Cudo’s outgoing chief executive Billy Tucker is in the “very early stages” of building his new start-up 57 signals, after announcing his decision to leave the daily deals site, which he founded.
Tucker insists it was his decision to leave Cudo in its second year of trading, saying it “feels like the right time”. Cudo is a joint venture between Microsoft and Nine Entertainment Co.
After launching in September last year, Cudo quickly became of one Australia’s fastest-growing daily deals sites, claiming to have sold more than one million vouchers since its launch.
Tucker will be replaced by Mike Sneesby, former head of corporate strategy and business development at Ninemsn. Tucker will finish up at Cudo in early February to focus on 57 Signals.
The start-up, which allows companies to “take their data assets and use them for good”, is still in the very early stages, Tucker says.
“Every business, offline or on, generously receives up to 57 signals from a prospective client at the point they touch your business,” he says.
“Those signals are there to be read and understood, allowing your offering to be optimised in real time – maximising the likelihood of purchase.”
“[With the help of 57 Signals, businesses can] find and adjust to just five signals for short-term gain [and] build a strategy to address all 57.”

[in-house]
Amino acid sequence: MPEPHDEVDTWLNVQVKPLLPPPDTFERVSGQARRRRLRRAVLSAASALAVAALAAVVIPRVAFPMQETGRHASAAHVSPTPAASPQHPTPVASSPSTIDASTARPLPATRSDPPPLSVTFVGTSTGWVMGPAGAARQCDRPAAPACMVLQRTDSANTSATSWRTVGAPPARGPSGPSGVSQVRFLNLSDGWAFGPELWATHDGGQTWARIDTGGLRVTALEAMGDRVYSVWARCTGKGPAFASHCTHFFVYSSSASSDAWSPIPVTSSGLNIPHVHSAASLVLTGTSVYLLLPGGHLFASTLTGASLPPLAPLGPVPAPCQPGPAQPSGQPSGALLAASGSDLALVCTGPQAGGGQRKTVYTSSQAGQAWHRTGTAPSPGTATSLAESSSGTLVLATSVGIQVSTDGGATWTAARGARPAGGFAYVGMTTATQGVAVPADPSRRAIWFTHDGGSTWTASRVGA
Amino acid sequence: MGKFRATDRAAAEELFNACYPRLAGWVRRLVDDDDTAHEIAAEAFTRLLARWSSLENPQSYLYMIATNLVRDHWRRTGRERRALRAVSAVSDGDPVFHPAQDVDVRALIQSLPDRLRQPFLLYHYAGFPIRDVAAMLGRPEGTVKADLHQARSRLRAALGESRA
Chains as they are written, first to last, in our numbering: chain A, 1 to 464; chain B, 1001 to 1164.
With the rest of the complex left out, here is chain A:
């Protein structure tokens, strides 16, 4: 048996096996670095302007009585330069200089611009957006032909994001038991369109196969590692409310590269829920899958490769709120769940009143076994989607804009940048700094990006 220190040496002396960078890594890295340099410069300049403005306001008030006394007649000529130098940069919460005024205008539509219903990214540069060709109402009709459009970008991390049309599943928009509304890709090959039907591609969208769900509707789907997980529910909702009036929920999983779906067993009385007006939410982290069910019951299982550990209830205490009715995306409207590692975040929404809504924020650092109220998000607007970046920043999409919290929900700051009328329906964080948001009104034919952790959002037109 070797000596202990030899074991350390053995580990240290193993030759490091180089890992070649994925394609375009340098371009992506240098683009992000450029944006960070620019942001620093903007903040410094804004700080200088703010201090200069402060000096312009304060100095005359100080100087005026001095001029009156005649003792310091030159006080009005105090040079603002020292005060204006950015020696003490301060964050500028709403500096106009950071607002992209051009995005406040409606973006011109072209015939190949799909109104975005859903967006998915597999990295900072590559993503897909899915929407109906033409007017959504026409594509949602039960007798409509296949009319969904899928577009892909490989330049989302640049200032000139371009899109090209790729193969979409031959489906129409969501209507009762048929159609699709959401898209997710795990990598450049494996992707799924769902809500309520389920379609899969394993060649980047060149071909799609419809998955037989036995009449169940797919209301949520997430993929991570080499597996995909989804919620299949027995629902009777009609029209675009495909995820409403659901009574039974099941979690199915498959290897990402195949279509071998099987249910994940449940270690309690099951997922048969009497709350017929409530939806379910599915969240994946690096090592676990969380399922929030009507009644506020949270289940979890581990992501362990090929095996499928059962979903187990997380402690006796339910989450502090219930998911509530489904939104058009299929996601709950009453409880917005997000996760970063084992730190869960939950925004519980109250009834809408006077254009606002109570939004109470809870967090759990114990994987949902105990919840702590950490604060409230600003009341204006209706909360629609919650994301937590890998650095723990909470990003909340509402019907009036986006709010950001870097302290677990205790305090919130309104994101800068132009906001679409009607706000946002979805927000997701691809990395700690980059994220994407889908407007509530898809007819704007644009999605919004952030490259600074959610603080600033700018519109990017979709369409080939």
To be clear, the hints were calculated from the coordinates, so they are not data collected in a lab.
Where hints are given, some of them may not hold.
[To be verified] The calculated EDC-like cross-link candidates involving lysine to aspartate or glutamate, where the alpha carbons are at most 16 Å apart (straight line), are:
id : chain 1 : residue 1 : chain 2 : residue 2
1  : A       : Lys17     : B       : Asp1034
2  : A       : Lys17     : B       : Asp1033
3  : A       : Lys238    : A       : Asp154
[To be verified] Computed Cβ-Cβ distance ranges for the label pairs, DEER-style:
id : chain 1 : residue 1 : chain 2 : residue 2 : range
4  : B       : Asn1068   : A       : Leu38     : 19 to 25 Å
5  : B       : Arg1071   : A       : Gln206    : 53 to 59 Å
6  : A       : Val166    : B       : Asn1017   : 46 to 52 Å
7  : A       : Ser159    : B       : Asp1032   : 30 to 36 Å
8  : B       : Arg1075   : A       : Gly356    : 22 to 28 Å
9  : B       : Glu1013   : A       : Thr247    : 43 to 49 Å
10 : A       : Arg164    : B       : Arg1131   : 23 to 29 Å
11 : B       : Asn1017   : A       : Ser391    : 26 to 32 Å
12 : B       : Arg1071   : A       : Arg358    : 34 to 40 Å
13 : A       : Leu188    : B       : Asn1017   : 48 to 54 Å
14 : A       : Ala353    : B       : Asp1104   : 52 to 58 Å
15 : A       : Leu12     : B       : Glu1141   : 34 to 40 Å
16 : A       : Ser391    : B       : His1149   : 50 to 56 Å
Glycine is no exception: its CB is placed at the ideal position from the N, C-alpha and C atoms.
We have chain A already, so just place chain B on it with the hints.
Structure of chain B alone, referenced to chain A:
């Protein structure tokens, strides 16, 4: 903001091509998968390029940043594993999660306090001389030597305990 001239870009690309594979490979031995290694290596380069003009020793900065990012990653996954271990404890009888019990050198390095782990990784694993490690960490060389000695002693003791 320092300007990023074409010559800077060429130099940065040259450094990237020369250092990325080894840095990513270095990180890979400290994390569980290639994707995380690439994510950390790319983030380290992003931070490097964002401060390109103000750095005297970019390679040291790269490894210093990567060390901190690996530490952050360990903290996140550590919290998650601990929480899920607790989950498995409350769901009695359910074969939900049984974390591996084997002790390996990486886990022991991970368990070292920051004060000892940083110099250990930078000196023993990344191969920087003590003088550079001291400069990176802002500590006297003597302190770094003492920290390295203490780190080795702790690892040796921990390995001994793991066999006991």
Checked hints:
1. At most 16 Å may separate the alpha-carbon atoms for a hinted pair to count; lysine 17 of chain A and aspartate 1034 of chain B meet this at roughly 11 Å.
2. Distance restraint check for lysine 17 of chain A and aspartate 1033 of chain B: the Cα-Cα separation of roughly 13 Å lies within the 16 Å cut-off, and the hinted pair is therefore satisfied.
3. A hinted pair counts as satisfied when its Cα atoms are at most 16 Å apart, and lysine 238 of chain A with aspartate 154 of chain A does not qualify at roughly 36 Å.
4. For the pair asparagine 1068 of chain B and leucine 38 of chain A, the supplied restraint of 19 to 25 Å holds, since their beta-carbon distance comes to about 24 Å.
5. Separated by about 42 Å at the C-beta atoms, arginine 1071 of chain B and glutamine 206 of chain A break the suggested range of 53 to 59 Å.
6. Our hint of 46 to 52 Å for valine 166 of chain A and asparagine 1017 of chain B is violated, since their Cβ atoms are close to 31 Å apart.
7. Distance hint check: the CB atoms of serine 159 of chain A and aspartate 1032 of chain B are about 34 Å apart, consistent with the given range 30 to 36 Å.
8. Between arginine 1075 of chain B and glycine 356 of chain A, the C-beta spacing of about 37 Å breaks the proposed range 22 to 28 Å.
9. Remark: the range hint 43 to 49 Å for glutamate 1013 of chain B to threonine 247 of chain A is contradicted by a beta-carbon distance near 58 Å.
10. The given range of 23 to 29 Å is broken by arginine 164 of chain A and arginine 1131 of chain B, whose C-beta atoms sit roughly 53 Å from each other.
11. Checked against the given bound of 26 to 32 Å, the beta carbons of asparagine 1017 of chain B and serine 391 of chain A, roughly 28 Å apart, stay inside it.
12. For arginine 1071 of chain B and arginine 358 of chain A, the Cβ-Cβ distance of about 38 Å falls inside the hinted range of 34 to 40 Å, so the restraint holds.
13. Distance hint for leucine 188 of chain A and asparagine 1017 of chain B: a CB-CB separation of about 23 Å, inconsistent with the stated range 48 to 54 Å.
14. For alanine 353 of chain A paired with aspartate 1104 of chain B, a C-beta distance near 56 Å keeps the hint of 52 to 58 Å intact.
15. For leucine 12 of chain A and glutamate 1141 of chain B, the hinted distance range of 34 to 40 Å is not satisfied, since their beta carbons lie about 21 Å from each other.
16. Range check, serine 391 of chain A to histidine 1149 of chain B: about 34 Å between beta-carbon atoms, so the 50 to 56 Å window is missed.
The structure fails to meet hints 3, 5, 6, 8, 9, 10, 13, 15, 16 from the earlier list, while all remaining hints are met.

“The time of day [is an example of a signal], allowing businesses to promote offers based on the time of day [that consumers are most active]”.
Tucker says finding and exploiting these signals has contributed greatly to the success of Cudo, which is why he’s keen to take the concept further.
“Over the coming months, I will be talking to retailers across multiple industries about finding this kind of value from their existing data.”
Tucker points out that 57 Signals is more of a consulting venture than a technology-led venture, but expects most of the action to start happening in February once he has left Cudo.
“It is more of a methodology than a set of tools… It’s structured as an ongoing venture [with the client], likely to be an arrangement between three and six months,” he says.
“The interest I’ve had to date has been around the CEO level, so the likelihood is that these discussions will take place at a senior level.”
Tucker says he is “very much focused on Australia”, claiming there is much to be done to get local businesses up to scratch with regard to eCommerce strategies.
“Many other countries are thinking more deeply and more advanced than is true in Australia. It’s time Australia caught up,” he says.
You can help us (and help yourself)
Small and medium businesses and startups have never needed credible, independent journalism and information more than now.
That’s our job at SmartCompany: to keep you informed with the news, interviews and analysis you need to manage your way through this unprecedented crisis.
Now, there’s a way you can help us keep doing this: by becoming a SmartCompany supporter.
Even a small contribution will help us to keep doing the journalism that keeps Australia’s entrepreneurs informed.